Rehabilitation and Reentry

Prison Crowding Makes States Look to Rehabilitation

State spending on corrections grew to $35.6 billion in 2006, a 10% increase over 2005 spending levels.  This level of increase was higher than state growth in education or Medicaid and is due in large part to overcrowding, high rates of repeat offenses, or recidivism, and correctional employee health costs.  In response, states are putting more funding behind rehabilitation programs, efforts to prevent recidivism, and reforming sentencing guidelines to make the time better fit the crime.   

Union Construction Jobs offer a Way out of Gang Life

With nearly 650,000 people released from state and federal prison every year, programs need to be available to support reentry into society.  Faced with a shortage of members, the building-trades unions of California have begun recruiting for apprenticeship programs in communities of color where many young men have criminal pasts.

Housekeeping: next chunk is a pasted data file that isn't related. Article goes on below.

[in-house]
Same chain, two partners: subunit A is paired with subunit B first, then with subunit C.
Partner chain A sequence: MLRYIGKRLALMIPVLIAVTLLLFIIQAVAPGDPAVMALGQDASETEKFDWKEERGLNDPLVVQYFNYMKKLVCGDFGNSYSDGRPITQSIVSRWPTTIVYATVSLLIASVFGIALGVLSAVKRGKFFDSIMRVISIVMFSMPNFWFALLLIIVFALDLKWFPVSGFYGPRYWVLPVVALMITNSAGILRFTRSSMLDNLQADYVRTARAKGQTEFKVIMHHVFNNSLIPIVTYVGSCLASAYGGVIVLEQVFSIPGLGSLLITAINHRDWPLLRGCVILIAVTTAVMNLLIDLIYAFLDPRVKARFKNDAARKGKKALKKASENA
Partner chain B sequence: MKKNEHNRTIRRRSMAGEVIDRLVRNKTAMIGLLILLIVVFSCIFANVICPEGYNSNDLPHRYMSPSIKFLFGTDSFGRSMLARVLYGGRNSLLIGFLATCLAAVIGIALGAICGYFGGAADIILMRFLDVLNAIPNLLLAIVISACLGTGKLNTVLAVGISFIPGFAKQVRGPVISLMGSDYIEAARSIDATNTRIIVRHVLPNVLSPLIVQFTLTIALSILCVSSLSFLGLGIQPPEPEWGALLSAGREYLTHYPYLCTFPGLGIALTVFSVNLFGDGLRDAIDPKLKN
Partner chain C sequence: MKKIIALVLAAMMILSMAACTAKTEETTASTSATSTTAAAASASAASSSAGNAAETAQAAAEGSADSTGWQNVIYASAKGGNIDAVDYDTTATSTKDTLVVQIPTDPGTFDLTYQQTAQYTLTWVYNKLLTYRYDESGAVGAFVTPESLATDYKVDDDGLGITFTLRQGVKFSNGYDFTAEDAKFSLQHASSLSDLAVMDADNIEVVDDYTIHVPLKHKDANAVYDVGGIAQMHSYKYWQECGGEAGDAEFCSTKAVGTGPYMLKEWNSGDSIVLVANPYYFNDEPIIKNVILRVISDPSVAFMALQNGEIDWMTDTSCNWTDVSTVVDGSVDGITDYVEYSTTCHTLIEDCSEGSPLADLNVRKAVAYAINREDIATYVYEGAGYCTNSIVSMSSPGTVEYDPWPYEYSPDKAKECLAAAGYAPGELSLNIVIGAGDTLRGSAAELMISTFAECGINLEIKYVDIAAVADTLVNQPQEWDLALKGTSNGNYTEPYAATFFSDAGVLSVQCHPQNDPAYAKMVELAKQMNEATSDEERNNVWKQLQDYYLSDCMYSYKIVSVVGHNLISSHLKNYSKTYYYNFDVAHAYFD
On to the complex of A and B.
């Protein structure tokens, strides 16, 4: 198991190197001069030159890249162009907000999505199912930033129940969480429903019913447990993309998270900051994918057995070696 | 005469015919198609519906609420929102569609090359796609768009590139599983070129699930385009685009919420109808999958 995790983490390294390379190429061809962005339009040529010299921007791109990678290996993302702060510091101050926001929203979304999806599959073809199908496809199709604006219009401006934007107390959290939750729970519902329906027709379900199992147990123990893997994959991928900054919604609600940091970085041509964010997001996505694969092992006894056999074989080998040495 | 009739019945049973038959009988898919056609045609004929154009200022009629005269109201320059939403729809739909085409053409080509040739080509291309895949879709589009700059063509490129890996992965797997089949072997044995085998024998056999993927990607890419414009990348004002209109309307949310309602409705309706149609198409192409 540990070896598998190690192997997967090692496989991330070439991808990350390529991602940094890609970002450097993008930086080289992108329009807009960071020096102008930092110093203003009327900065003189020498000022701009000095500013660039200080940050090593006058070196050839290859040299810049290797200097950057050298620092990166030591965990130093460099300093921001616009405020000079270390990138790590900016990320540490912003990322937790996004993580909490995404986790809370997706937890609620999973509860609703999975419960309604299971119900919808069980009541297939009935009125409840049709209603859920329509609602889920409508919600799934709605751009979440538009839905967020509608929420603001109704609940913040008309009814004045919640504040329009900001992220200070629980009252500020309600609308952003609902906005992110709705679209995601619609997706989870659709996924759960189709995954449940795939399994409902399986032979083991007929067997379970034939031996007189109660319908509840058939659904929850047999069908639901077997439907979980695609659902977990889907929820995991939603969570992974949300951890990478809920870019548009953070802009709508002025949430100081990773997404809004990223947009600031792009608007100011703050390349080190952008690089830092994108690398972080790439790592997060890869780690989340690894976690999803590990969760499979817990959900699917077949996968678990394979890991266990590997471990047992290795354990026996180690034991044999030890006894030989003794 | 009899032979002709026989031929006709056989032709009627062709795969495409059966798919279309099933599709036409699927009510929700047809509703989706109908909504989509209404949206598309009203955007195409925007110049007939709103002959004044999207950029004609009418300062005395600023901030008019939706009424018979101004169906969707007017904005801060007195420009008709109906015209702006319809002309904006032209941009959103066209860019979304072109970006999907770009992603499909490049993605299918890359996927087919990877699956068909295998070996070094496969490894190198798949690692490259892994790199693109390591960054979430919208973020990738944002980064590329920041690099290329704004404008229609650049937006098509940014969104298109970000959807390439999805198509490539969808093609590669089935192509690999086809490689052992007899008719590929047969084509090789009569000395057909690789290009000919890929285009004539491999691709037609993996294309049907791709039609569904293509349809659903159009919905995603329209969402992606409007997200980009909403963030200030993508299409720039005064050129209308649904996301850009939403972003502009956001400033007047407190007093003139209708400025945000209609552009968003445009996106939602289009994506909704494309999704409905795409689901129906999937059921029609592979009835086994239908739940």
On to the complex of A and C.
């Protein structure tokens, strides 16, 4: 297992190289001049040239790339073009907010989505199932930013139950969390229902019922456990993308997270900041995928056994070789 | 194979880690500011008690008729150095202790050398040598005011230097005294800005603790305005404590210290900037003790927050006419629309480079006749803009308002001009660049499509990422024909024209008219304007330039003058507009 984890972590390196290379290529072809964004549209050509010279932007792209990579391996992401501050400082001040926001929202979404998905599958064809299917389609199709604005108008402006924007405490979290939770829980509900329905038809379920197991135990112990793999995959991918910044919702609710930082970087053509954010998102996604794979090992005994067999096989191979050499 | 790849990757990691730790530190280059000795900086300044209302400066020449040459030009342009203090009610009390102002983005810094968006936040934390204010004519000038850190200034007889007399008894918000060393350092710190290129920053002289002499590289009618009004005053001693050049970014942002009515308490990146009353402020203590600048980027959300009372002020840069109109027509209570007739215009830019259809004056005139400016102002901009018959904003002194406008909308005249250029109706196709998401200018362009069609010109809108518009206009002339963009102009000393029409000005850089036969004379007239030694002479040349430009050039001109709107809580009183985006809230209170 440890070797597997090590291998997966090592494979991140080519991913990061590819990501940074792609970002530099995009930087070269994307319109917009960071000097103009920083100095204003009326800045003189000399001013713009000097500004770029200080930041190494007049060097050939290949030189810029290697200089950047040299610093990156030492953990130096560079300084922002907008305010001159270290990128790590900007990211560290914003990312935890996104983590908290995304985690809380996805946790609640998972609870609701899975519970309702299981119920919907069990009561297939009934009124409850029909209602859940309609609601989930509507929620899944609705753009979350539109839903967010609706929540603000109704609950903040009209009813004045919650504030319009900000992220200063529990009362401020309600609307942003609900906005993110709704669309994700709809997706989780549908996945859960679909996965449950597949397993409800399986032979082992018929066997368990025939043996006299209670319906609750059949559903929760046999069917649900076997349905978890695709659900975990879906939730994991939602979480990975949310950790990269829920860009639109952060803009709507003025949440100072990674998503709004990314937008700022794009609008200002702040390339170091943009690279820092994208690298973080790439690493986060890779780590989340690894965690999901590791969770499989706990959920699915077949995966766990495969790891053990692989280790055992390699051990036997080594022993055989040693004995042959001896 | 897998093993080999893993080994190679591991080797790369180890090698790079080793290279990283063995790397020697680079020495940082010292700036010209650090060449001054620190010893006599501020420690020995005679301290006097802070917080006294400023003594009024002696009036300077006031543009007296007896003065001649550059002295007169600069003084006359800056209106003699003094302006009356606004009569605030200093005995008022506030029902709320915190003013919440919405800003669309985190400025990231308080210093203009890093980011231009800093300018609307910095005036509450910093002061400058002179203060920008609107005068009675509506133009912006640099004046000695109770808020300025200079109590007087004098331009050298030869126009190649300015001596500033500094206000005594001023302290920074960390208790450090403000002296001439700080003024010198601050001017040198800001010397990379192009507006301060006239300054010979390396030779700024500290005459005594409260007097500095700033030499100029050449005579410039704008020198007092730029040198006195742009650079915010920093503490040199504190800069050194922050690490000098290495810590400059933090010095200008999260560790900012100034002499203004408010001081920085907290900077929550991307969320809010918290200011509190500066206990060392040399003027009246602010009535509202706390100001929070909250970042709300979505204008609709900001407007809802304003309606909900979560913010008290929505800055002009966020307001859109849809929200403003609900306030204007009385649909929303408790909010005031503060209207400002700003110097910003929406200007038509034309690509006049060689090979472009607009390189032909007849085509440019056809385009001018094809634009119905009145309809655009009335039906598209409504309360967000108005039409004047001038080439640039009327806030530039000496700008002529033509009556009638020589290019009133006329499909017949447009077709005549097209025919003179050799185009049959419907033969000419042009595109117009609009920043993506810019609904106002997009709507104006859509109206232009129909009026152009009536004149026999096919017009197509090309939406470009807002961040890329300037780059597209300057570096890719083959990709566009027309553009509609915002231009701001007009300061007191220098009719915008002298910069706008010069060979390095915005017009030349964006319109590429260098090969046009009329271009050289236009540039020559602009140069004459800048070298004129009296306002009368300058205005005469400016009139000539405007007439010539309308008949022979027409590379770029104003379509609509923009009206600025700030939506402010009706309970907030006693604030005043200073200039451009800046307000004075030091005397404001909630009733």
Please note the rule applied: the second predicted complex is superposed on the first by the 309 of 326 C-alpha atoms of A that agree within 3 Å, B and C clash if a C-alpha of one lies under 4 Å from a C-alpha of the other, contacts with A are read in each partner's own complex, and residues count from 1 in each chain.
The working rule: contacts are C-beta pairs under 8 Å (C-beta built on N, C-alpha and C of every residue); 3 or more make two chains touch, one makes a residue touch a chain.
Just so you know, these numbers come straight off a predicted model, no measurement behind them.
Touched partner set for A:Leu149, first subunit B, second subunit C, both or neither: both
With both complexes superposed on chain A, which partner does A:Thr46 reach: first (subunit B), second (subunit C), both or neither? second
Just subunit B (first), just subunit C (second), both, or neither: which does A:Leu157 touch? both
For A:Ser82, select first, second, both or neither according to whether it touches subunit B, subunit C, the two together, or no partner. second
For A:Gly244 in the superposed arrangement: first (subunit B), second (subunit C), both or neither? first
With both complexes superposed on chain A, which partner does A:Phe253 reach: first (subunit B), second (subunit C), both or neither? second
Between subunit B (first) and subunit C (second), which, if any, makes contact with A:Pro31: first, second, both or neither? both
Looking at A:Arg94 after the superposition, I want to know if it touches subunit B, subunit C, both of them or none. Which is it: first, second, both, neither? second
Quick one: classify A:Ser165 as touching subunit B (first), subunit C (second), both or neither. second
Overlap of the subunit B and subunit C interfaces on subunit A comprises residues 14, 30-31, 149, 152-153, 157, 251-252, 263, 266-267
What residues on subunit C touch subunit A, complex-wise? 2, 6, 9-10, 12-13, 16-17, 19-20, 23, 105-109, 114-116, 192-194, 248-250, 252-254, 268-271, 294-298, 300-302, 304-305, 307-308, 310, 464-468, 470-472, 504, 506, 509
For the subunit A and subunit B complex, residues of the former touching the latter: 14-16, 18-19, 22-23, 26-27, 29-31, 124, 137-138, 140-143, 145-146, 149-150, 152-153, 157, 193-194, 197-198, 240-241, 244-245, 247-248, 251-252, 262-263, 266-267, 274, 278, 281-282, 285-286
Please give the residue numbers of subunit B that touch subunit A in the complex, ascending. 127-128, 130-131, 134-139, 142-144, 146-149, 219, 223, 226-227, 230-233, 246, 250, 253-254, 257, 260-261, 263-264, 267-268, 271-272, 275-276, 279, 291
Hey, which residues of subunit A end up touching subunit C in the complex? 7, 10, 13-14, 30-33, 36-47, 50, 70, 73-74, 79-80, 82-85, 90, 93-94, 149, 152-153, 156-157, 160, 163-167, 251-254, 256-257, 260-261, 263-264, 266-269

Ex-Prisoner Reentry and Reintegration

Nearly 650,000 people are released from state and federal prison every year, with larger numbers reentering communities from local jails. Over 50 percent of those released from incarceration are sent back to prison for a parole violation or new crime within 3 years.

Unlocking the Prison Puzzle

An innovative correction reform program is currently underway in Alabama to decrease the number of long prison sentences. The Pew Charitable Trusts' Public Safety Performance Project and the Vera Institute of Justice teamed together to implement a four year project that supports in-depth research and education for policymakers and the public to help states increase public safety, manage corrections spending, and hold offenders accountable. Alabama is the first of eight states to implement the pilot program.